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Time travel to the recent past in NBC’s canceled gem Journeyman

Time travel to the recent past in NBC’s canceled gem Journeyman published on No Comments on Time travel to the recent past in NBC’s canceled gem Journeyman

I just discovered a tragicallly truncated series, cut down in the bloom of youth as was American Gothic: Journeyman. It’s about a man who involuntarily time travels to the recent past, no earlier than the 1960s, to fix people’s lives gone awry. Guided by his fiancee who supposedly died but really disappeared because she’s a time traveler too, Dan tries to figure out his powers and keep his family together. His wife and son find his unpredictable disappearances rattling, to say the least, and his cop brother suspects him of being mentally unstable. Meanwhile, a rogue FBI agent and an astrophysics professor may know more about time travel and others like Dan than they are letting on.

Grounded by a performance balancing both grit and heart from the understated [and very hot] Kevin McKidd, Journeyman derives much of its power from the tragic irony inherent in the protagonist’s situation. He is surrounded by a close-knit group of loved ones, including his cool, smooth and sexy ex-fiancee Livia [played with calm and witty competence by Moon Bloodgood], his on-edge, brittle, but still devoted wife [played by Gretchen Egolf], his pig-headed cop brother Jack [Reed Diamond, successfully doing a jerk with layers who has a weak spot for his brother], nauseatingly cute son Zach, his boss at the paper, etc. Dan bounces to the past to bring together old flames, protect siblings, reunite parents and children, etc., but all of his exertions to keep families together end up tearing his own apart. In the present, all of Dan’s friends and family forgive him again and again, but his new vocation forces rifts open between him and others. The series starts slow, but, around ep 5, all the plot threads start coming into play, rewarding viewers with an emotionally involving, increasingly suspenseful ride of 13 eps.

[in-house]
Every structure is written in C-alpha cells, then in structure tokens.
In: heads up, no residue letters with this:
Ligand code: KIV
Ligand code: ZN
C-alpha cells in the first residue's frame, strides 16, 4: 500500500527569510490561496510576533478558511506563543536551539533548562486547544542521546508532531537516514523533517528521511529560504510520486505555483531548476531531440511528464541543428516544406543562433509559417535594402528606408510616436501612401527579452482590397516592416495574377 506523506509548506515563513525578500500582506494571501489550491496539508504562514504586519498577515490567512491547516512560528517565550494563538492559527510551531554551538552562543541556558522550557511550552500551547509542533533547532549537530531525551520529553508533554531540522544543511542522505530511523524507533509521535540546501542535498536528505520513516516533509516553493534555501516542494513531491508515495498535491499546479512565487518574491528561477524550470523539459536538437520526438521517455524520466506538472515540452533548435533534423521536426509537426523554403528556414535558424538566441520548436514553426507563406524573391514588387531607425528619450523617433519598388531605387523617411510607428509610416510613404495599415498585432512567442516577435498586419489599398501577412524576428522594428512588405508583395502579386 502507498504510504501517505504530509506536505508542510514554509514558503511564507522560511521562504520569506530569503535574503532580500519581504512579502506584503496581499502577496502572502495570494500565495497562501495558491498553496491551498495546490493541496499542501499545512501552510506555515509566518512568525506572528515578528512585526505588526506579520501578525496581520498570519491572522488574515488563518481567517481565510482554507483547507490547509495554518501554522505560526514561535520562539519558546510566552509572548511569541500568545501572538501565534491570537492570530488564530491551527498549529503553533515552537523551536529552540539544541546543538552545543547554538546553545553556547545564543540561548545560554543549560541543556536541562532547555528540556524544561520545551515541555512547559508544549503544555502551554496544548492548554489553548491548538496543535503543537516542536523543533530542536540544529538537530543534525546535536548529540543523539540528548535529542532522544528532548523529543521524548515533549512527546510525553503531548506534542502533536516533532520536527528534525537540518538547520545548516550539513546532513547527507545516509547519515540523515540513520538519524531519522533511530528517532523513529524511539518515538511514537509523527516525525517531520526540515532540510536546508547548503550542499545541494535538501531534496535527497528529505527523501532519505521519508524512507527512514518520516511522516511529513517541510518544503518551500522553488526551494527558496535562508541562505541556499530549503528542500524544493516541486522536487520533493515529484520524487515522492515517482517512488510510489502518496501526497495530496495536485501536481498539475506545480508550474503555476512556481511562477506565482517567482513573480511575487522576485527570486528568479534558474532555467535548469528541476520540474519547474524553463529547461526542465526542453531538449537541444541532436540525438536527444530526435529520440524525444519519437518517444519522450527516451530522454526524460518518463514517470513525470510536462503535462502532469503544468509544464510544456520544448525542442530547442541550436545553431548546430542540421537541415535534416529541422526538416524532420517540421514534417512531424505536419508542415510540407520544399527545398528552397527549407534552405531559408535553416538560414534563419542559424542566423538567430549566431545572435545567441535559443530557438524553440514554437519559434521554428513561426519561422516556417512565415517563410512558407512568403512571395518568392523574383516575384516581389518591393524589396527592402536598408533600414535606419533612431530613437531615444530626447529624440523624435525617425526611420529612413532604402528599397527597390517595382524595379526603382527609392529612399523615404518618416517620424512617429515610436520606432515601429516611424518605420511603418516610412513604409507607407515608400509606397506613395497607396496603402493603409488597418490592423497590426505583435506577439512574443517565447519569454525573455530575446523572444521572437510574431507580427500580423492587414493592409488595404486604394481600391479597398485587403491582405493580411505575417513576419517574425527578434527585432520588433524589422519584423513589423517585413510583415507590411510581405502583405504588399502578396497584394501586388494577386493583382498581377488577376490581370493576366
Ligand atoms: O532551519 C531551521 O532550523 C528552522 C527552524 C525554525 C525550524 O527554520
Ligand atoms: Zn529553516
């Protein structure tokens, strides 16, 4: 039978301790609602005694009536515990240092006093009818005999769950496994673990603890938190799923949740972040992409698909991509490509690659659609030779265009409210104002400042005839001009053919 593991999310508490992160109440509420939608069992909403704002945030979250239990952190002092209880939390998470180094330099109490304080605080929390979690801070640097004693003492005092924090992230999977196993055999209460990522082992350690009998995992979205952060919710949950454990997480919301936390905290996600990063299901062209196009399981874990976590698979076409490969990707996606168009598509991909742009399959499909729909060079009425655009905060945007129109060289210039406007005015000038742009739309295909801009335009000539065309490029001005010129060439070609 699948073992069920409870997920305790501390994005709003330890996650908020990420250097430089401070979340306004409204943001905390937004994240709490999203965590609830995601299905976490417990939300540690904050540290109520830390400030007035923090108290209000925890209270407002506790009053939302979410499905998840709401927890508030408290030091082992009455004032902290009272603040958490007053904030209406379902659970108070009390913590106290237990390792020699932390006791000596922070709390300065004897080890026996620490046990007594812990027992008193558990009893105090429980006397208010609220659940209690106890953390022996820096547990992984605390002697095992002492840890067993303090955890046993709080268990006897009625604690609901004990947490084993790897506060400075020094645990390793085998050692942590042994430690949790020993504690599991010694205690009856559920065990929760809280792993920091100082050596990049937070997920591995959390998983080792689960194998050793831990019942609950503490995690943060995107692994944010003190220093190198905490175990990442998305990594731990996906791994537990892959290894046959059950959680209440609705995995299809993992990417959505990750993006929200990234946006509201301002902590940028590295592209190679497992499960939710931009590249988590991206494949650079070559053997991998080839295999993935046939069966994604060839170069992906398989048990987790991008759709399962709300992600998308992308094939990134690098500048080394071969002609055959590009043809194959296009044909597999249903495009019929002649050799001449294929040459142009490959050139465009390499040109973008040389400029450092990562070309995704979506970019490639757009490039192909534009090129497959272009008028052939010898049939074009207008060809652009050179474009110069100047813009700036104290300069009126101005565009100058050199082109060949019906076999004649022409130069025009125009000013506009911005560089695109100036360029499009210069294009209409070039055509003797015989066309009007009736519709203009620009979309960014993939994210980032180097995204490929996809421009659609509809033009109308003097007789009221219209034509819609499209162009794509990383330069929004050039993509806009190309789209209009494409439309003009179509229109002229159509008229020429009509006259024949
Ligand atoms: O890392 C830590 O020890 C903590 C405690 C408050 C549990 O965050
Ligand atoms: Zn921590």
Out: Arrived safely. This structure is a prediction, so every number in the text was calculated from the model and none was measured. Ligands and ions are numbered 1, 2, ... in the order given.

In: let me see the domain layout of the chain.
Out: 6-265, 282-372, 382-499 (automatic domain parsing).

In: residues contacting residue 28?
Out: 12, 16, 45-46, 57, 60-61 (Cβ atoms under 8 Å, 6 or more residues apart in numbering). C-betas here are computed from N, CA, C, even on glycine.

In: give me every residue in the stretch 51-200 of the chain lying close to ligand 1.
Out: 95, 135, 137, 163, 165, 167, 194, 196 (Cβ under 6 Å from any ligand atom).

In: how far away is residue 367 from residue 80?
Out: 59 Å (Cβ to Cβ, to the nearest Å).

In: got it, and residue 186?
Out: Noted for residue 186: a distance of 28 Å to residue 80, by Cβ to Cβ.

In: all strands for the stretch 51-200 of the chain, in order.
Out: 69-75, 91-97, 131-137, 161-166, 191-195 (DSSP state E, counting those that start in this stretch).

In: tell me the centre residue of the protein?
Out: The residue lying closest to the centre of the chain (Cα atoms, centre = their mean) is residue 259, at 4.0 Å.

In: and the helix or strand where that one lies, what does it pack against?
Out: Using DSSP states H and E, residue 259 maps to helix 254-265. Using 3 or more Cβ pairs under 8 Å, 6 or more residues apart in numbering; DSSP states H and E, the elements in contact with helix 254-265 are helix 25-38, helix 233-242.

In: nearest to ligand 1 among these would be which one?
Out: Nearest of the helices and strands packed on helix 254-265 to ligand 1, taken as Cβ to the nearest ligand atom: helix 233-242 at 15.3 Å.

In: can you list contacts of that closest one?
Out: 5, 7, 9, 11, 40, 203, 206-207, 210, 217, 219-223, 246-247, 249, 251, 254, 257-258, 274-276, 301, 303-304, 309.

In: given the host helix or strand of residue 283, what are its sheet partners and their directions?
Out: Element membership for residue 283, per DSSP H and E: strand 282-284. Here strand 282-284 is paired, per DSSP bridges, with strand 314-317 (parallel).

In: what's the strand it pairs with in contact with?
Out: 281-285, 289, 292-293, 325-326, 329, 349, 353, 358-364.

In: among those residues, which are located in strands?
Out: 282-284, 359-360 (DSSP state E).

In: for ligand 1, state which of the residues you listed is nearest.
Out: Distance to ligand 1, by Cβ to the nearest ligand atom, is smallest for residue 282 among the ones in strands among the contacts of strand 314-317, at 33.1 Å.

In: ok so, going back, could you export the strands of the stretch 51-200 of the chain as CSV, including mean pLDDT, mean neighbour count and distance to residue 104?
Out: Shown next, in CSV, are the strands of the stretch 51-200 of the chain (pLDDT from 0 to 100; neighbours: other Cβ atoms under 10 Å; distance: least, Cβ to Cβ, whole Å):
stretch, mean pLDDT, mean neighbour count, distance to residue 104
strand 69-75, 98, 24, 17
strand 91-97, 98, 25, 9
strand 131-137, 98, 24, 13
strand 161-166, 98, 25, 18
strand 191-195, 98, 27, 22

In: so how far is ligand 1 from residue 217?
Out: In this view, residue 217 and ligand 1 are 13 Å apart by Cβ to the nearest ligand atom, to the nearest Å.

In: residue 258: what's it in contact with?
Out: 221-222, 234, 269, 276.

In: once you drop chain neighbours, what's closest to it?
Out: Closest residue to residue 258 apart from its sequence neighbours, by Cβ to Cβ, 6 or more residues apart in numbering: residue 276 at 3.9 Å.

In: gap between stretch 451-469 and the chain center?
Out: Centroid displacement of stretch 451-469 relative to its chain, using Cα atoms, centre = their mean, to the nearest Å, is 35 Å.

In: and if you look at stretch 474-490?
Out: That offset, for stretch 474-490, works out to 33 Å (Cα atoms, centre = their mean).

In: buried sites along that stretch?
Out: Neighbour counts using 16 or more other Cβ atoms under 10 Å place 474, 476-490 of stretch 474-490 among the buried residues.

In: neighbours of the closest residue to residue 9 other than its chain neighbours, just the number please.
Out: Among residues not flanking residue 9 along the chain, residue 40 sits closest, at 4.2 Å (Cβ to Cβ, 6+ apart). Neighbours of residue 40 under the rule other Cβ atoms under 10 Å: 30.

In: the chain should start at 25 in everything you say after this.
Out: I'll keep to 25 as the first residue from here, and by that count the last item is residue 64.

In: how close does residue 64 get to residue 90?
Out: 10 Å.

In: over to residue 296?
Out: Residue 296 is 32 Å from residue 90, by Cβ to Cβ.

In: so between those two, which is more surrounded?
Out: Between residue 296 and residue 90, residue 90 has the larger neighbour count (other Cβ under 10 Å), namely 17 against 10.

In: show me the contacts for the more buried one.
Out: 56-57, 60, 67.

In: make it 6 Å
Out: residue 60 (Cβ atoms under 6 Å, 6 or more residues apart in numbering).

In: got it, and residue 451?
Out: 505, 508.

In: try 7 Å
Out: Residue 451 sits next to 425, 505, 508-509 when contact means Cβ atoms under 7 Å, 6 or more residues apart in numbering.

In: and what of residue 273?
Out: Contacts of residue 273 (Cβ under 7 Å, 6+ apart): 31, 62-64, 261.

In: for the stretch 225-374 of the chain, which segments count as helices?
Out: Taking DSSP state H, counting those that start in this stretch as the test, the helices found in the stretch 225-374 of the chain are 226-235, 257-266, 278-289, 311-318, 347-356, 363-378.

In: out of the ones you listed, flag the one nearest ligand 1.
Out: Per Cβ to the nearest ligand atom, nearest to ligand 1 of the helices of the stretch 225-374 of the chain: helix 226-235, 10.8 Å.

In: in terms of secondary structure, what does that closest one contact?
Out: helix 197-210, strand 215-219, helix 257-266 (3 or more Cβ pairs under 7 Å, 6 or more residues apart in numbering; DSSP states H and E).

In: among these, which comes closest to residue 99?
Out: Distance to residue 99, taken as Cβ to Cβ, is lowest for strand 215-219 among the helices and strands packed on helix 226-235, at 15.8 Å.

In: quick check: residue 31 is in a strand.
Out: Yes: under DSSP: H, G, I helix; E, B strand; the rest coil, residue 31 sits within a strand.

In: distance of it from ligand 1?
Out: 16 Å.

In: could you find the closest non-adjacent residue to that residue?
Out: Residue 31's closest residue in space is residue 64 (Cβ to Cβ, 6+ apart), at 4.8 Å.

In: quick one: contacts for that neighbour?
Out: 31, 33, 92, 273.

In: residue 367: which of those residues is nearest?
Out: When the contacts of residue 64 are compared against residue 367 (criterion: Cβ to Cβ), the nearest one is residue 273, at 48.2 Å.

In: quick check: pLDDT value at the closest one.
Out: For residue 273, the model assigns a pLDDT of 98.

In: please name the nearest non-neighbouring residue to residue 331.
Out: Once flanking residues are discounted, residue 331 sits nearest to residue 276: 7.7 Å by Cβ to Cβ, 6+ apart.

Okay, I lied. While canceled due to the 2007 writers’ strike, Journeyman ultimately does not suffer from its abortion. I would have liked an entire season to wrap up all the promising, thrilling interconnections, but the eps we do have stand on their own as engaging, high-caliber TV. Watch it on Hulu because time travel is awesome!!!

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